By Cindy Held/Contributing writer
Most students’ fears of a tuition increase were confirmed on Tuesday during the Faculty Senate budget forum. Ken Johnston, vice president for financial affairs and treasurer, said the university will go forth with a sizable tuition increase for students in order to help handle budget cuts and holdbacks the state has imposed.
Johnston said he does not know yet how much the increase will be.
During the forum Johnston explained fixed expenditure increases for the university are approximately $5 million, and there is a current revenue of only $1.1 million. To offset this difference the university plans to raise revenue.
How to raise revenue was one of the main topics of the forum. There are two major sources of revenue, Johnston said – state appropriations and tuition.
Sources for increased funds will be re-allocation of budgets, so plans are being looked at to re-allocate non-instructional budgets.
Also other areas in which Eastern hopes to generate some revenue is with the increase of the current tuition rate.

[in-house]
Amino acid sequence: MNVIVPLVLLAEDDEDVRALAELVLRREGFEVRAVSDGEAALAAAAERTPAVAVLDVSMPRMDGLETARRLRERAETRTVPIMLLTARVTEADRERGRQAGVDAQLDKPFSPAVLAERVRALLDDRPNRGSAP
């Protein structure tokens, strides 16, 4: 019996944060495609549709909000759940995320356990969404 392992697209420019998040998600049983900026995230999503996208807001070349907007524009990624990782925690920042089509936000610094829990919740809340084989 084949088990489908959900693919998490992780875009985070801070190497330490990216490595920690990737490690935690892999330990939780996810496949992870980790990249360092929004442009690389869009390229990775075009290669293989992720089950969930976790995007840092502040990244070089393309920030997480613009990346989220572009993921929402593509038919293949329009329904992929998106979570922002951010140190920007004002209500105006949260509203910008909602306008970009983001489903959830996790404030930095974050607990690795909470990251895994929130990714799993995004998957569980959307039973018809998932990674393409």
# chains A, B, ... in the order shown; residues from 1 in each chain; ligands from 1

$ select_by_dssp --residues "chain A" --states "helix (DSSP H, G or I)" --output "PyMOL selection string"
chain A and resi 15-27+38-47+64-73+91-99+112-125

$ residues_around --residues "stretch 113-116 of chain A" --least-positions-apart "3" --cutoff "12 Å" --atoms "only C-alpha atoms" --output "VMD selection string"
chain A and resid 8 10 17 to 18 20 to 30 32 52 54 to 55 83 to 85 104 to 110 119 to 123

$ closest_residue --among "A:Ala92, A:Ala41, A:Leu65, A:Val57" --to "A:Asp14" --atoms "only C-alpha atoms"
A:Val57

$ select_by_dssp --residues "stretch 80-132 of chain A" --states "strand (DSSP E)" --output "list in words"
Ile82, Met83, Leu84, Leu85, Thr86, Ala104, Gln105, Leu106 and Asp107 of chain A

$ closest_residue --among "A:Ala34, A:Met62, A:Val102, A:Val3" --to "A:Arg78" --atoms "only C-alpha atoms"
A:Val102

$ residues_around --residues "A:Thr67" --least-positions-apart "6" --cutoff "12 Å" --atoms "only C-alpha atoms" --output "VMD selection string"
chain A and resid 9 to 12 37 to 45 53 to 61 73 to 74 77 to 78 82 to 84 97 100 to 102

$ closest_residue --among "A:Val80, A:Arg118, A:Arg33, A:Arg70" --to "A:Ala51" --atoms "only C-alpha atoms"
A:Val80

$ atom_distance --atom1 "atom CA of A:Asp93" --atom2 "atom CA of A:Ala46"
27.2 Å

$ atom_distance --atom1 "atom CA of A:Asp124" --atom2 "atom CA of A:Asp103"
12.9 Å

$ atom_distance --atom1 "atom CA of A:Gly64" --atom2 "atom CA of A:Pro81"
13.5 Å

He said some expenditures which will also add to the increase are university scholarships, faculty promotion, bank fees, debt reduction services, workman’s compensation, debt service for the electrical distribution project and general insurance increases.
Johnston also said that one desired expenditure, among many, the university hopes to achieve, is the forming of need-based scholarships since all current university scholarships are merit based.
“We do see the need to set aside some money that would be need-based,” Johnston said. “That would help us address some of the effects of tuition increases would have on those students who may be in the gray area – not so needy that the federal scholarships will take care of everything and not so wealthy that they can take care of themselves.”
Johnston said Eastern currently has the lowest tuition of any public university in the state, which hinders the university when competing with others in the state, and that Eastern has the eighth lowest tuition rate of a public university in the country.
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